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We went skiing over Christmas for the 1st time last year, to a Chalet Hotel with Rocket Ski & had a great time! We don’t have children but there were lots of families there with children of all ages. We took some decorations including a tiny Christmas Tree with lights for our room, some small pressies & of course a box of chocolates! There was a huge Christmas Tree in the dinning room. Christmas Lunch was served at 3pm & was a traditional meal with all the trimmings, including a glass of bubbly to start us off. We had a lovely morning skiing with a festive drink on the slopes and lots of friendly festive greetings being shared. The evening was spent in the bar with fellow guests playing party games! Great atmosphere in resort all week - though, being France, the real party started after Christmas as they got ready for the New Year!
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v1cky24 wrote:
I’m going to buck the consensus on this one.. I’ve been skiing only once over Xmas. It was a really sad and sorry affair. Well not the skiing but the actual day. We hadn’t booked anywhere for dinner and the town was quite small and sleepy so we ended up eating in the restaurant which was a bit rubbish. No traditional Xmas food, just a ham joint and a baked potato Crying or Very sad we went to Winter Park CO. I vowed never again since then, though I think it was because I missed my family if I’m honest. Xmas for us is a big family thing. We always go after Xmas and for new year instead now.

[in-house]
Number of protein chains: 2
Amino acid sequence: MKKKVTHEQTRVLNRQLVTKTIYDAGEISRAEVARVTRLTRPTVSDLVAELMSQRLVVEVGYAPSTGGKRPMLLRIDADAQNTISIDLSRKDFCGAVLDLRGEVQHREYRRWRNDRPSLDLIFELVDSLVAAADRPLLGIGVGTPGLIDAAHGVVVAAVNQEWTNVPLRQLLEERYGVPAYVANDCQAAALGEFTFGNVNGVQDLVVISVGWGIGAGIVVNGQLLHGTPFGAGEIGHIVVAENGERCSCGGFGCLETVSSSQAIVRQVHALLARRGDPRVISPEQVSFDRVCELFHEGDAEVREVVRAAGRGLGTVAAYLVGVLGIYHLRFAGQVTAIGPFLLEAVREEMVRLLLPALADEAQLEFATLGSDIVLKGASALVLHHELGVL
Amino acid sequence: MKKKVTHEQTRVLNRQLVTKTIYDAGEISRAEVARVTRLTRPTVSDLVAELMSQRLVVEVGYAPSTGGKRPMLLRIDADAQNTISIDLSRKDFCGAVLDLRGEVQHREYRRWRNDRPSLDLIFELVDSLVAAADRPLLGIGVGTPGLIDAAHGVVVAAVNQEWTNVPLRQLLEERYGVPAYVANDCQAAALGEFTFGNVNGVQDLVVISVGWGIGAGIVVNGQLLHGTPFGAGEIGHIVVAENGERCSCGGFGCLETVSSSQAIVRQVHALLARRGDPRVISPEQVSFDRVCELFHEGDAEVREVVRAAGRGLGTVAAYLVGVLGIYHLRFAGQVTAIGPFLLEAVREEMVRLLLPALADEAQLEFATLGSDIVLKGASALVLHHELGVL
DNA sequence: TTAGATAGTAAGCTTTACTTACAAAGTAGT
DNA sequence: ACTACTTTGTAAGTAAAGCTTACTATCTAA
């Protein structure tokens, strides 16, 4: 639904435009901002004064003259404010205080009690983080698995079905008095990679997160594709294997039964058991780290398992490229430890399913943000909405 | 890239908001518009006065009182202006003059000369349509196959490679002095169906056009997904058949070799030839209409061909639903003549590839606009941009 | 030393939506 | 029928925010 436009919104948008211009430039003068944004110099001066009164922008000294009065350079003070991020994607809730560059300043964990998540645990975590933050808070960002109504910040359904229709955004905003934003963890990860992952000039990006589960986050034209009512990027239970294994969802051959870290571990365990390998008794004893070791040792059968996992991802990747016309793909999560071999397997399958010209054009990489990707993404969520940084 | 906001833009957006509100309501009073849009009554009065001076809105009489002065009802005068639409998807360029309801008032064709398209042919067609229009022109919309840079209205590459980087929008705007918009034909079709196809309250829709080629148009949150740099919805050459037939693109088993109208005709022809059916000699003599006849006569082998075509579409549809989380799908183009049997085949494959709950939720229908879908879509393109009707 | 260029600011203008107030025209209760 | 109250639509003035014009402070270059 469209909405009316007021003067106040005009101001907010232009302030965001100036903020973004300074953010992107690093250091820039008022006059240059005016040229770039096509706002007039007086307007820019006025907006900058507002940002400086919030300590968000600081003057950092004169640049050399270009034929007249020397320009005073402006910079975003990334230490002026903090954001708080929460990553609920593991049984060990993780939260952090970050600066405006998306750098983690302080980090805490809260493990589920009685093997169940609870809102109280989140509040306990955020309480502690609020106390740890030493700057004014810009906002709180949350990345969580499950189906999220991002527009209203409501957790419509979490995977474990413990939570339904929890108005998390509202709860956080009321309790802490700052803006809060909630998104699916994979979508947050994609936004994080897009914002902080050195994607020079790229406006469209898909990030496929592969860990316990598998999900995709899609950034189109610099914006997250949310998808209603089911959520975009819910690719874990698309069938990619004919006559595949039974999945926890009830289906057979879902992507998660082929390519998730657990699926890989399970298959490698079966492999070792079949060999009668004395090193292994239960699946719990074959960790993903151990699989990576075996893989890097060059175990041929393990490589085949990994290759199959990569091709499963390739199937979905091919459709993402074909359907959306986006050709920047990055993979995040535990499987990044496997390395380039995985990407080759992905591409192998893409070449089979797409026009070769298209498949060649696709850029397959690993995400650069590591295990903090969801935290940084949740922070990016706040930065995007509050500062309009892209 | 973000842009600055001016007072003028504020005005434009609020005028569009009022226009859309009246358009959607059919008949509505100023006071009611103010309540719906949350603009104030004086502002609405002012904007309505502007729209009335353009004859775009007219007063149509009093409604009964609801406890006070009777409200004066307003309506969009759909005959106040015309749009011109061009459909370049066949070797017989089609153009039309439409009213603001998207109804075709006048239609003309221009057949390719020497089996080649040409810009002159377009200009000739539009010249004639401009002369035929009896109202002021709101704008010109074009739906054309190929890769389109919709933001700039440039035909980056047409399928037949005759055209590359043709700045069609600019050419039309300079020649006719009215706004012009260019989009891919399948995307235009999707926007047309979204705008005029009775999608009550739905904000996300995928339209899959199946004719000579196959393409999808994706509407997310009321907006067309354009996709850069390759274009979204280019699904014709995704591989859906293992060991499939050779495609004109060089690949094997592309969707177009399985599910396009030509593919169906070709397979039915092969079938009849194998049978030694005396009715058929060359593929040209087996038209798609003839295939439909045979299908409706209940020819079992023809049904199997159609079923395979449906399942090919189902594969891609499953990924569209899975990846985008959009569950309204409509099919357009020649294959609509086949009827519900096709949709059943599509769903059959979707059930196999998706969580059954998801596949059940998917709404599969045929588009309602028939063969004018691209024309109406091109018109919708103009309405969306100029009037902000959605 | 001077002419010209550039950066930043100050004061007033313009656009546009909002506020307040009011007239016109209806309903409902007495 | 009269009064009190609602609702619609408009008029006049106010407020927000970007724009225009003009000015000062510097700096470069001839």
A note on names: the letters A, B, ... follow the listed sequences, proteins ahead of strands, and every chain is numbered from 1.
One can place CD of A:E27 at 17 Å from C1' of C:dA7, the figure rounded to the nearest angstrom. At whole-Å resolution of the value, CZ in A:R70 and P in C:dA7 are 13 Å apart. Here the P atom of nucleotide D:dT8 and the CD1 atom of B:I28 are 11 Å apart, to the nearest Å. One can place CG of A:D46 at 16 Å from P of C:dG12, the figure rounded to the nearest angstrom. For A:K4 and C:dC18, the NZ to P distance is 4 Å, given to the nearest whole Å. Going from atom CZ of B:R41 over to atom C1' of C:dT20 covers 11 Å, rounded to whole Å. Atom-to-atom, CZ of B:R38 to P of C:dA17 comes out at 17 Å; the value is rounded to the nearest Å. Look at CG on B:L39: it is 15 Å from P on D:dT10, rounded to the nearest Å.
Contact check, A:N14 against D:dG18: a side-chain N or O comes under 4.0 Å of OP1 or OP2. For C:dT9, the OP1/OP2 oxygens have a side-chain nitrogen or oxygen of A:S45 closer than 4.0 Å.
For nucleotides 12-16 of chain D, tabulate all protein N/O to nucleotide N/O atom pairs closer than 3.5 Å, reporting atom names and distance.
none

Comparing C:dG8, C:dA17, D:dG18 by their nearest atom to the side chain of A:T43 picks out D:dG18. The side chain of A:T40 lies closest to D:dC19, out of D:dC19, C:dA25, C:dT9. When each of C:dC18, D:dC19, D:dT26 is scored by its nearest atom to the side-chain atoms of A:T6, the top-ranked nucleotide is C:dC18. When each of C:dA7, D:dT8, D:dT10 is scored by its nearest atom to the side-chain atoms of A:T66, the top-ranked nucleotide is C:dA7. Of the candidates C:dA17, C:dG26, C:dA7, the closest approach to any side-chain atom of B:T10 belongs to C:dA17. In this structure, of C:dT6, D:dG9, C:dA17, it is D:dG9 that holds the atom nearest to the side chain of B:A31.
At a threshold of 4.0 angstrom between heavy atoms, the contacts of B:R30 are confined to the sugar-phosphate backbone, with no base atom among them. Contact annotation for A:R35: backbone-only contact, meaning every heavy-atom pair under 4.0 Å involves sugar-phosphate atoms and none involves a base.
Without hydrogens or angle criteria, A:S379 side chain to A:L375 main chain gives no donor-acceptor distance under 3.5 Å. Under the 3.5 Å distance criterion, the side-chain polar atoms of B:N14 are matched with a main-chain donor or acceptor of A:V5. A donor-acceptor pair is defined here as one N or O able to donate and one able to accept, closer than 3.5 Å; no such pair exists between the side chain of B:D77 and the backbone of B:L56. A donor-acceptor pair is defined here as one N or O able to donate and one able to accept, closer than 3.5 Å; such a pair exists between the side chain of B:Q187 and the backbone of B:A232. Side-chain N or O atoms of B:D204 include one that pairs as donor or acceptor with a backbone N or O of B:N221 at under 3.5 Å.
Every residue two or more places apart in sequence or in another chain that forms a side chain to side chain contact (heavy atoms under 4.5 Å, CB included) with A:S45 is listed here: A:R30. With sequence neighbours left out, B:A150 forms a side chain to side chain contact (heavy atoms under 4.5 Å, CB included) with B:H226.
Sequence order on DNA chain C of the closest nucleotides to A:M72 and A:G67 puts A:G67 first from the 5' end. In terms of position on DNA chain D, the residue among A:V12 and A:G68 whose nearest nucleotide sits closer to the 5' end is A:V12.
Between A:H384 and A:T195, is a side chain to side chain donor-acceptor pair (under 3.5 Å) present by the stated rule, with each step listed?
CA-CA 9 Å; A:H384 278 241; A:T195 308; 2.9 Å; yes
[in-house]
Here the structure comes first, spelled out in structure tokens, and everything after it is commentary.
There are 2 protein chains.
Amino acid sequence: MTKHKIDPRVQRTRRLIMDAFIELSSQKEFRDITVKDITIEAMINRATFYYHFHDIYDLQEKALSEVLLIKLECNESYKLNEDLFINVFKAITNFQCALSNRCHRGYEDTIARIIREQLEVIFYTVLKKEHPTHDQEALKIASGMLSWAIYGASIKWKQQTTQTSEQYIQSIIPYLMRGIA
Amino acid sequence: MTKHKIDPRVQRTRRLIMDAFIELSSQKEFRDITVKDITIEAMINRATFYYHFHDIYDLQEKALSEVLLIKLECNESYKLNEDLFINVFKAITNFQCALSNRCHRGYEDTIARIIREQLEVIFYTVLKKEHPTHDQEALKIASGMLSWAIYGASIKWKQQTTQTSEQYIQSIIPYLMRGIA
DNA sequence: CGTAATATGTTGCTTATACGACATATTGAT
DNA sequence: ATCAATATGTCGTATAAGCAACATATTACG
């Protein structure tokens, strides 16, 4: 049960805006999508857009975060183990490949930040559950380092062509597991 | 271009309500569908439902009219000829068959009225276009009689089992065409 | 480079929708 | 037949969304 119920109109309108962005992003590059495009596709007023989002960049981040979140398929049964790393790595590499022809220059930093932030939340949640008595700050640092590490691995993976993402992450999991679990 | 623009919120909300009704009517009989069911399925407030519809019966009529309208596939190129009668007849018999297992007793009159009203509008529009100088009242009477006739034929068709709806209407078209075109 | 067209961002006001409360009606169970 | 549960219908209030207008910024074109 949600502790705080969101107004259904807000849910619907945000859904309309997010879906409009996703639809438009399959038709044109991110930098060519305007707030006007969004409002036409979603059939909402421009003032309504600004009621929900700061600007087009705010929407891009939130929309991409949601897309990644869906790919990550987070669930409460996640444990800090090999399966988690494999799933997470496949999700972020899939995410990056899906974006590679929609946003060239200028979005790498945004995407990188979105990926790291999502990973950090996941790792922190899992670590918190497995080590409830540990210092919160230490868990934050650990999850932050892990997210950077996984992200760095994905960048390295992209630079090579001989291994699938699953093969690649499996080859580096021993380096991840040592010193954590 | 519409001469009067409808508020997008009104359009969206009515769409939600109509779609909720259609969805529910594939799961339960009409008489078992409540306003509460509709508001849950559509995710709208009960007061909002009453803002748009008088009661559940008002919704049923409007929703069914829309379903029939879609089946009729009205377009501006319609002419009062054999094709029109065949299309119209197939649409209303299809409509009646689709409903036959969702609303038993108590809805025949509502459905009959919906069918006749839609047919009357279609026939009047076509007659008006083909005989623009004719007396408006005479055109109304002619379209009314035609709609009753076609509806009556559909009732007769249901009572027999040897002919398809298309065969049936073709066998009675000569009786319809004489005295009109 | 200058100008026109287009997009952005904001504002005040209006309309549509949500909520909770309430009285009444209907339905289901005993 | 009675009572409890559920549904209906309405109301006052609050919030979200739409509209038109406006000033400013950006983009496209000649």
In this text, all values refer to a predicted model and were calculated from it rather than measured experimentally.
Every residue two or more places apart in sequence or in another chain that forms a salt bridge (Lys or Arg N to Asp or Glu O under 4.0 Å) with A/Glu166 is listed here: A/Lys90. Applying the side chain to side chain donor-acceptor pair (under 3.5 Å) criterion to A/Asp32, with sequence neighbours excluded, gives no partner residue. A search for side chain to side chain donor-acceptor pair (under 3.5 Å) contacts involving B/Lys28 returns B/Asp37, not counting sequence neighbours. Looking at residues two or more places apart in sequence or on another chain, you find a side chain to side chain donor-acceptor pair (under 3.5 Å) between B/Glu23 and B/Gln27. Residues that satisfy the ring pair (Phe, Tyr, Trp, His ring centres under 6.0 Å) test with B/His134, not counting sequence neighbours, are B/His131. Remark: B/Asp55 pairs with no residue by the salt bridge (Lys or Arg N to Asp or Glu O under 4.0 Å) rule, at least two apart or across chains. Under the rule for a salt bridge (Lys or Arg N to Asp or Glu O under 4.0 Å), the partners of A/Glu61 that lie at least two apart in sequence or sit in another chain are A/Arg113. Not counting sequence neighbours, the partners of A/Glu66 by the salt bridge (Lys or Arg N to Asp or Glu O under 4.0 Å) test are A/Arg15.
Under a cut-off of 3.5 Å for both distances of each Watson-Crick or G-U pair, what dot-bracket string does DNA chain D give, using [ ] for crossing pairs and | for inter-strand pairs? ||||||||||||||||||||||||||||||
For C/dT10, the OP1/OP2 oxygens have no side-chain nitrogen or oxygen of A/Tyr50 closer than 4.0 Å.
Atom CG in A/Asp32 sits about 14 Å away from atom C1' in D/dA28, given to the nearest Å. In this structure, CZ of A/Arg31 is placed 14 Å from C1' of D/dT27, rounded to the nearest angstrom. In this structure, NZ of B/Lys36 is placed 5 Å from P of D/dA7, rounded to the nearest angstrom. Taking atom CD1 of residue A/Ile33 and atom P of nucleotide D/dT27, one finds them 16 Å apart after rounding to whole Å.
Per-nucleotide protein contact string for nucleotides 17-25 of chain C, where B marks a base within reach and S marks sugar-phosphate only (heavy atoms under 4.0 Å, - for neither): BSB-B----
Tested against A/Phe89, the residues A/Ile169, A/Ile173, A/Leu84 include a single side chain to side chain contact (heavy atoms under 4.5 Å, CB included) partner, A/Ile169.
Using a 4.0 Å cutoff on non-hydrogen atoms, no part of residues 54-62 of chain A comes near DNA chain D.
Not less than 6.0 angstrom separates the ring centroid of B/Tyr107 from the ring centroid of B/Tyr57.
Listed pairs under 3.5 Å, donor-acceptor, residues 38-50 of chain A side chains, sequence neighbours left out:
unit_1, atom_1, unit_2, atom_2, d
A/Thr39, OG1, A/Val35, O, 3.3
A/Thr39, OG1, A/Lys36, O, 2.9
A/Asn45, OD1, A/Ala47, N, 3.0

Christmas, especially Christmas Eve, is a big deal in many ski resorts across the Alps. Fireworks, Santa arriving, torchlight descents, reindeer, etc, etc. I've never eaten out for dinner on Christmas Day so no idea if restaurants do 'turkey and all the trimmings', but that's what we prepare for ourselves. With a bit of Christmas TV, lots of FaceTime chats with family back home and a couple of small gifts exchanged, it's a less frantic version of what we'd get if we were in the UK, with the opportunity to ski for the holiday and on the day itself.
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Rob@rar sounds much nicer than what we experienced. I have always found New Year to be good in the alps but it was certainly a different bag across the pond. The Christmas Eve parade was a torchlight procession down the home run but that was literally it. Nothing going on in the town etc. Sad!

Have been to Canada as well and returned home on Xmas eve.. didn’t seem like much going on there either ?
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rob@rar wrote:
v1cky24 wrote:
I’m going to buck the consensus on this one.. I’ve been skiing only once over Xmas. It was a really sad and sorry affair. Well not the skiing but the actual day. We hadn’t booked anywhere for dinner and the town was quite small and sleepy so we ended up eating in the restaurant which was a bit rubbish. No traditional Xmas food, just a ham joint and a baked potato Crying or Very sad we went to Winter Park CO. I vowed never again since then, though I think it was because I missed my family if I’m honest. Xmas for us is a big family thing. We always go after Xmas and for new year instead now.
Christmas, especially Christmas Eve, is a big deal in many ski resorts across the Alps. Fireworks, Santa arriving, torchlight descents, reindeer, etc, etc. I've never eaten out for dinner on Christmas Day so no idea if restaurants do 'turkey and all the trimmings', but that's what we prepare for ourselves. With a bit of Christmas TV, lots of FaceTime chats with family back home and a couple of small gifts exchanged, it's a less frantic version of what we'd get if we were in the UK, with the opportunity to ski for the holiday and on the day itself.